transportation

NJ Transit Superintendent, 5 Others Charged With Alleged Scheme to Defraud $2.1 Million From Agency

What to Know

  • An NJ Transit superintendent and five others are accused of scheming to defraud millions of dollars from the agency, prosecutors say
  • Those accused allegedly submitted fraudulent bills for service for landscaping and maintenance service
  • Allegedly, all the payments were just below the $5,000 transaction limit but totaled more than $2 million

An NJ Transit facilities superintendent and five others are accused of scheming to defraud millions of dollars from the transportation agency by submitting fraudulent bills for service, authorities say.

Richard E. Schade, 62, of Lumberton and who worked out of the NJ Transit South Jersey Bus Division was charged with official misconduct for approving payments to four companies for landscaping and maintenance work, the Essex County Prosecutor's Office and NJ Transit Police Chief Christopher Trucillo announced Thursday.

Allegedly, all the payments were just below the $5,000 transaction limit but totaled more than $2 million.

In October 2015, internal auditors reported the questionable payments to the NJ Transit Police Fraud Investigation Unit suspecting that there was possible misuse of the agency's emergency procurement process, prosecutors say.

At that time, the auditors noticed numerous payments to a small number of “vendors,” prosecutors say. Subsequently, investigators allegedly discovered more than $2.1 million paid to four companies.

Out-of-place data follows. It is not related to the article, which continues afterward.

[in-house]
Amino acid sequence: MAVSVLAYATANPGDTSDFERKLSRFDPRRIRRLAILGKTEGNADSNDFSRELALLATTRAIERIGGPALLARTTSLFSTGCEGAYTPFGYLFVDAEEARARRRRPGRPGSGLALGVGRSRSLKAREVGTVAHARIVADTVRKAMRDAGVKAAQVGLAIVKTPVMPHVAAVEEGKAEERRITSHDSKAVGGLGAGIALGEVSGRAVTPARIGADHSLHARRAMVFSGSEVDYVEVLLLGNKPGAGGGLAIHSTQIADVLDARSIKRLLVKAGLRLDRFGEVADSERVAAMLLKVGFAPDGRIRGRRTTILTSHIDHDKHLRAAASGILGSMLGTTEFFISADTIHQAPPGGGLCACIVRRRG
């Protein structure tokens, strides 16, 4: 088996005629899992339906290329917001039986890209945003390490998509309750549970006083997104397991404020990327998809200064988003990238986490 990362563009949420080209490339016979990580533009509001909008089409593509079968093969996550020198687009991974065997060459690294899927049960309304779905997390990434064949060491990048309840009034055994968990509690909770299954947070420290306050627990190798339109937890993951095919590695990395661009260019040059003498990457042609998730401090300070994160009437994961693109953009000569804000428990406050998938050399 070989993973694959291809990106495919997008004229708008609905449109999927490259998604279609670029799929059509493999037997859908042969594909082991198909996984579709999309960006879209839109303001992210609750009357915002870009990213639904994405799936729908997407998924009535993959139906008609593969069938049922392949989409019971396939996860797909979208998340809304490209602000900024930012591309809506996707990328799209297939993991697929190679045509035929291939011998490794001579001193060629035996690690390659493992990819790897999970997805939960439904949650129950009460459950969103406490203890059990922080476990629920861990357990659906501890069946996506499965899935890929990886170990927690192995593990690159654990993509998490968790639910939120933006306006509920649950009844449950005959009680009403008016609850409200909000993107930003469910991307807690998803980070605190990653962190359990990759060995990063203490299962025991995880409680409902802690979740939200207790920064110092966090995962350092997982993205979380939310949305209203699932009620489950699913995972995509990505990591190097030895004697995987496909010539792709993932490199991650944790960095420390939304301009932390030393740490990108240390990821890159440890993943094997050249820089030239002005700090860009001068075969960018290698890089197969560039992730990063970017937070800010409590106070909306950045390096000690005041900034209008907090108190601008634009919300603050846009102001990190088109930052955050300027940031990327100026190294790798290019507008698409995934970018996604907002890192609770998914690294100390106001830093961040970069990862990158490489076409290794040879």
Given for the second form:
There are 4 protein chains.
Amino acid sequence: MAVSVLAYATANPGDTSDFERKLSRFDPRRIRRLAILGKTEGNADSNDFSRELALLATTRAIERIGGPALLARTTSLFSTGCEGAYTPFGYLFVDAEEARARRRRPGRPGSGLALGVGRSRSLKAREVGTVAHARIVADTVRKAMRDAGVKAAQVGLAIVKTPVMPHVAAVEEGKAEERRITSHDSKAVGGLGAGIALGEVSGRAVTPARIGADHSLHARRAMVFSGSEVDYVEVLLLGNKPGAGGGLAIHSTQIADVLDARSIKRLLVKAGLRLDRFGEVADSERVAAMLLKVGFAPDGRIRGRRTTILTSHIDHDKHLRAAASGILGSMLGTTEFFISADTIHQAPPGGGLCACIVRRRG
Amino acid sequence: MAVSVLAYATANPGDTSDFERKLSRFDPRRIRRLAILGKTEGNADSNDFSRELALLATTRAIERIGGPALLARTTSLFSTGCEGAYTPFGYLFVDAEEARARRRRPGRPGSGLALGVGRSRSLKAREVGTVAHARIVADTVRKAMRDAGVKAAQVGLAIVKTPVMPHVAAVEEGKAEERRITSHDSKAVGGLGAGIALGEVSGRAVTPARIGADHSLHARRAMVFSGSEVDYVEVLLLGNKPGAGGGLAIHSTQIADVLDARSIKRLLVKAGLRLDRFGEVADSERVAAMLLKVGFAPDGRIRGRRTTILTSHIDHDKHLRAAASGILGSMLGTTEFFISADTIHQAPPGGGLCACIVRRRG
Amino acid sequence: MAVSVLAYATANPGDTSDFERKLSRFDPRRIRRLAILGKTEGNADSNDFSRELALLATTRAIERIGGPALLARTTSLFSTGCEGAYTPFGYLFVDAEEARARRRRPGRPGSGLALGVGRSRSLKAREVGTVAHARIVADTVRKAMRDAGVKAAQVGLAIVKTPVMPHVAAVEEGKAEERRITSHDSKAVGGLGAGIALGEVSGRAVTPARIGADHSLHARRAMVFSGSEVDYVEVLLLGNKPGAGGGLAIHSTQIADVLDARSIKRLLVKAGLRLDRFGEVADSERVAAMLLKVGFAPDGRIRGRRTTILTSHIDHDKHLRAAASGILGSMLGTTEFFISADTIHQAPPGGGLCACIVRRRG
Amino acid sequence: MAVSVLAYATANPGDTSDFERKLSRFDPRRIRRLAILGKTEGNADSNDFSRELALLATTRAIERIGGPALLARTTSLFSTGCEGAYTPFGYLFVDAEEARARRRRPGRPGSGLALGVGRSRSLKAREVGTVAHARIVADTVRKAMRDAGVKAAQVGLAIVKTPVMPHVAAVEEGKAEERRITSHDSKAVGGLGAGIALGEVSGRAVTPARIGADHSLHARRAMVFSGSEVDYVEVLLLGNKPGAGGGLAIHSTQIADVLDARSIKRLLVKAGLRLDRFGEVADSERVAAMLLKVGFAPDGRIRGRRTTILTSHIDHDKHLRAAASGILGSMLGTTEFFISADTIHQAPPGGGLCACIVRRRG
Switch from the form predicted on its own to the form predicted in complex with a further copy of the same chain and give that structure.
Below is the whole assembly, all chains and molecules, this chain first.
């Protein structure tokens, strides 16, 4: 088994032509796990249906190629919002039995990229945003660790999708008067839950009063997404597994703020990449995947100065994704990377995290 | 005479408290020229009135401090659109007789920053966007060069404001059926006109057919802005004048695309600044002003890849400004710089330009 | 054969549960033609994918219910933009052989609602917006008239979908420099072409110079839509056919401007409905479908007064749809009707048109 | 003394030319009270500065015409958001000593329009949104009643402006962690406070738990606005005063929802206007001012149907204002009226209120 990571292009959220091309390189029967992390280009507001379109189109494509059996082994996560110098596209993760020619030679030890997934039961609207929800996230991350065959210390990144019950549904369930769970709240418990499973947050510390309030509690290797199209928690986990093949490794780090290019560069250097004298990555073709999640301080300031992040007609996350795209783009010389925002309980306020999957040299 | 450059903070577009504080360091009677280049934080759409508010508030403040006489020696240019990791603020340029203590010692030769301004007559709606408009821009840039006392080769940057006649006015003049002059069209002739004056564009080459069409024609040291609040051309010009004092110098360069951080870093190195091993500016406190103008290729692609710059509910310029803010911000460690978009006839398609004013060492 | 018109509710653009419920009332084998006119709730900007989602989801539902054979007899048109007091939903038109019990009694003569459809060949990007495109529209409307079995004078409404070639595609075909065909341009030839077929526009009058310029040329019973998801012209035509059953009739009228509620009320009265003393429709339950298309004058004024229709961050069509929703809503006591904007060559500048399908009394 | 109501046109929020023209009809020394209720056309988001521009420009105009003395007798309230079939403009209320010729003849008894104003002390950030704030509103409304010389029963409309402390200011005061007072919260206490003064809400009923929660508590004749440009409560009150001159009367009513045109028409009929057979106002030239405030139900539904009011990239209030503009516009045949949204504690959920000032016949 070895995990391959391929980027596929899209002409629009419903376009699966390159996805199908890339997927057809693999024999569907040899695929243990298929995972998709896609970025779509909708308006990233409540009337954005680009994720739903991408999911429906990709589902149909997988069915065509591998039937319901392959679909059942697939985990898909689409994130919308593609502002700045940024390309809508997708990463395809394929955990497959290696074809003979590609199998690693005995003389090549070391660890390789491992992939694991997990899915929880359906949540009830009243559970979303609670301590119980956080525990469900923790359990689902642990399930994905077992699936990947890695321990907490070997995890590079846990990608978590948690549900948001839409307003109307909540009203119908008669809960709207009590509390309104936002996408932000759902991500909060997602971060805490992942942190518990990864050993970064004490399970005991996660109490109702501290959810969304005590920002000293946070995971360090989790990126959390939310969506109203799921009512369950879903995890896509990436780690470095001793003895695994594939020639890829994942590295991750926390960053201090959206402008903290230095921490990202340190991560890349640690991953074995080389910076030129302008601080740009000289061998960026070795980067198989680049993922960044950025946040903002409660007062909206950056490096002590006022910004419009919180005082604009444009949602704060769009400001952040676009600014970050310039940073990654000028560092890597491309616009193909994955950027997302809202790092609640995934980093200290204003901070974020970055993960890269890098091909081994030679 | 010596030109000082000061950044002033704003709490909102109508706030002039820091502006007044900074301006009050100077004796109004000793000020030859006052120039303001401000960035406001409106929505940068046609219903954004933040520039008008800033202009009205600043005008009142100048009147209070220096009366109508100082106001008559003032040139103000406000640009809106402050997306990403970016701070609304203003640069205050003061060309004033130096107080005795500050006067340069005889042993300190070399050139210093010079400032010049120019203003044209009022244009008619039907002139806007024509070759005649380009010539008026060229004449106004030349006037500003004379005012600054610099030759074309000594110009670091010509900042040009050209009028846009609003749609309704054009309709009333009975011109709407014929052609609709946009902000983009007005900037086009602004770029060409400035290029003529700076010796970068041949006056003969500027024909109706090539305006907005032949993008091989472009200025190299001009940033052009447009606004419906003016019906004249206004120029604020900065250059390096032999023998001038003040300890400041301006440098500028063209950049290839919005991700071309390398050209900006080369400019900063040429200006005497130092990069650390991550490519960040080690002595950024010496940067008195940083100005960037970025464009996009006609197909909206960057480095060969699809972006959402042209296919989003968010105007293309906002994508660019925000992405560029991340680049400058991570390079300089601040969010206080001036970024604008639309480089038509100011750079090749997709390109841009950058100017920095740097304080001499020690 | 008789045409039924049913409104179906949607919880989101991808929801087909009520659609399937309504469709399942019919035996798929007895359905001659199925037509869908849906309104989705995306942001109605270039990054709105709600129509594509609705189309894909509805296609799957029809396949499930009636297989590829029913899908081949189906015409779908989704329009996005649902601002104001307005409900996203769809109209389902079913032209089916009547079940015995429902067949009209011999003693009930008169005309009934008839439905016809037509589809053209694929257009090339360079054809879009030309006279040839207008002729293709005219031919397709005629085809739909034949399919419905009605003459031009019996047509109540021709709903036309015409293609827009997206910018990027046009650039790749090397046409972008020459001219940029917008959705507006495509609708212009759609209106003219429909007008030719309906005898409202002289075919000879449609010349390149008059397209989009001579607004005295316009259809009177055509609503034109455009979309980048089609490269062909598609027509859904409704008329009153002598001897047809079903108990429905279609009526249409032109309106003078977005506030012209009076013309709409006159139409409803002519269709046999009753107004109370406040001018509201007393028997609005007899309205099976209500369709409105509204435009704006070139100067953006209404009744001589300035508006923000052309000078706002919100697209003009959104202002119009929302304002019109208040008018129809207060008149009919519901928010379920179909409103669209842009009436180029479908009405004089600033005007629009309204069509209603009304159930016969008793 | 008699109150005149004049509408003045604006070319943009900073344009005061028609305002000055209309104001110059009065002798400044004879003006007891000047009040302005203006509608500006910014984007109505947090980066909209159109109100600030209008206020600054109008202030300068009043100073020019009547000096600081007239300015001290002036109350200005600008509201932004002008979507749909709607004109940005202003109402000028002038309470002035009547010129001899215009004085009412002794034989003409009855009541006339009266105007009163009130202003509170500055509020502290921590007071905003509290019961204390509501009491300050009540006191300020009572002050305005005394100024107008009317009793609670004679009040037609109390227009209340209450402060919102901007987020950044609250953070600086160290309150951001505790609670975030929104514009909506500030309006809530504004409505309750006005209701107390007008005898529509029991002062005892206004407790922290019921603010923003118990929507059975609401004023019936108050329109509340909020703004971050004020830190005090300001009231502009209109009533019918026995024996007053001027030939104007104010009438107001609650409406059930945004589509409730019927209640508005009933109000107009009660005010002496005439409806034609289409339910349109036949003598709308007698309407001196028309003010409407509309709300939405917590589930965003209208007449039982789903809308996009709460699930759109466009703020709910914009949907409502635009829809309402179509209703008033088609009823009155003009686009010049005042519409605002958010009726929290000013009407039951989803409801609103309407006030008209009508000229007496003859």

In addition to Schade, former NJ Transit bus mechanic Leonard Singleton, 39, of Newfield was charged with conspiracy to commit official misconduct along with his wife, Shonta Singleton, 39; his mother, Calamity Singleton, 62, of Newfield, another relative, Lorraine Singleton, 37, of Williamstown, and Adam Horning, 35, of Marlton was also charged with conspiracy for creating a corporation for the sole purpose of receiving NJ Transit funds, prosecutors say.

Allegedly, Schade, who had the authority to approve payments, arranged for payments to companies controlled by his co-defendants and ultimately received compensation from those companies in the form of kickbacks.

Attorney information for the individuals facing charges was not immediately available.

In a statement to NBC 4 New York, an NJ Transit spokeswoman said: "NJ Transit takes allegations of misuse of public funds very seriously, and we are cooperating fully with the Essex County Prosecutor’s Office as they investigate these incidents."

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